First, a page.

BOSTON (AP) — Laws in North Carolina and Mississippi that restrict the rights of transgender Americans are hateful and should be repealed, Education Secretary John B. King Jr. said Monday.
Asked about the laws at the Education Writers Association national conference in Boston, King called them hateful and said gender identity should be protected.
He said the laws send a problematic message to students and he is calling on state legislatures to repeal them.
"My hope is legislators will realize they've made a terrible mistake," he said.
The North Carolina law requires transgender people to use bathrooms in state government buildings and public schools and universities that correspond to the gender on their birth certificates. It also established statewide anti-discrimination protections that exclude LGBT people, and it bans communities from passing anti-discrimination ordinances that go further.
Last month, President Barack Obama called for the law to be overturned.
Transgender advocates and the Obama administration have argued federal anti-discrimination law requires that transgender students be able to use the restroom and locker room that correspond with their gender identity.
A federal appeals court ruled last month in a Virginia case that a high school discriminated against a transgender teen by forbidding him from using the boys' restroom. The U.S. 4th Circuit Court of Appeals sent the case back to a lower court for trial rather than issuing a definitive decision.
In a court filing in that case, the U.S. Education Department and the Justice Department argued that preventing students from using restrooms that correspond with their gender identity violates Title IX of federal law.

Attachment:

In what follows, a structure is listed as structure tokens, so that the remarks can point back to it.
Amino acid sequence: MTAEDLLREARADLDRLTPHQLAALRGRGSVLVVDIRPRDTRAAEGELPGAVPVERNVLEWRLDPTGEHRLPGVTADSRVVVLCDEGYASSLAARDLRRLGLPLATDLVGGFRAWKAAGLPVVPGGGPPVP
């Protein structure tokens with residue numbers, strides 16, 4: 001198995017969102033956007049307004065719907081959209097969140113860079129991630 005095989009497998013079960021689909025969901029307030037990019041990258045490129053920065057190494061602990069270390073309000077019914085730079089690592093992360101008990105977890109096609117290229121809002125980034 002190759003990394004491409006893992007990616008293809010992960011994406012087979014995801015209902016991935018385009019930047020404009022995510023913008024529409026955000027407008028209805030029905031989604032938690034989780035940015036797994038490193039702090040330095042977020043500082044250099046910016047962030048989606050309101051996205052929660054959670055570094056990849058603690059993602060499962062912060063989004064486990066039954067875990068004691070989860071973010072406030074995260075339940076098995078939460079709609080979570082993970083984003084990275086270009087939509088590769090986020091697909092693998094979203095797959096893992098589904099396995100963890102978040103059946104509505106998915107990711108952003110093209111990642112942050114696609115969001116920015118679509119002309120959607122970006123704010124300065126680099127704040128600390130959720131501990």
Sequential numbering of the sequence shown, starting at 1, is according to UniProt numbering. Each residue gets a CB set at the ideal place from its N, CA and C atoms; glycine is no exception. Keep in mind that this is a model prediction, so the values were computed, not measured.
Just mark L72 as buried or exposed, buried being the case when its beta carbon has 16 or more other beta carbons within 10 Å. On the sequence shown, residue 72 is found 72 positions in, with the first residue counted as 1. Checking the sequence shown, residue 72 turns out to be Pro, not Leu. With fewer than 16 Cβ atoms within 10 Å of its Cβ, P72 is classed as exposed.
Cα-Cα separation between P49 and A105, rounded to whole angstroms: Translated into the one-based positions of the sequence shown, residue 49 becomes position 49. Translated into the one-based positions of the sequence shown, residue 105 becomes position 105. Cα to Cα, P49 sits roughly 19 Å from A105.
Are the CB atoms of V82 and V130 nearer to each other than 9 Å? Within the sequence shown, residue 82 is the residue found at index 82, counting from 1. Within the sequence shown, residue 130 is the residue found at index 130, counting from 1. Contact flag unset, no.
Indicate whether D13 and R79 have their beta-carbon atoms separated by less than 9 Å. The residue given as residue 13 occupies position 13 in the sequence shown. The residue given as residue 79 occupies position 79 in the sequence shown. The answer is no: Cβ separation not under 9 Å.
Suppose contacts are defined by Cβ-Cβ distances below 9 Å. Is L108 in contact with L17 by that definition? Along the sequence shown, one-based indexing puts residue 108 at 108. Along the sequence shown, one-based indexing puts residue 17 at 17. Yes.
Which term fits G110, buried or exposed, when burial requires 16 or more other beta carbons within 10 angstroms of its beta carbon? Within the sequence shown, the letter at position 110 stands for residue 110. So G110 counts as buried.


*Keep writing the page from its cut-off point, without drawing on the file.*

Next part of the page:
"Treating a student differently from other students because his birth-assigned sex diverges from his gender identity constitutes differential treatment on the basis of sex under Title IX," the departments said in a friend-of-the-court brief.
The Mississippi law allows religious groups and some private businesses to deny services to same-sex couples and transgender people. It takes effect July 1. Any employer or school could refuse to allow transgender people to use the bathroom of their choice.
Bathrooms have been a focal point as schools around the country grapple with how to balance the rights of transgender students with privacy issues.
Students at Santee Education Complex worked to establish the first multi-stall, gender-neutral restroom at the Los Angeles Unified School District, the nation's second-largest. Adults protested the move.
In Ocala, Florida, the Marion County School Board voted to limit restrooms to students based on their birth sex.
Associated Press writer Emery P. Dalesio contributed from Raleigh, North Carolina, Associated Press Carole Feldman contributed from Boston.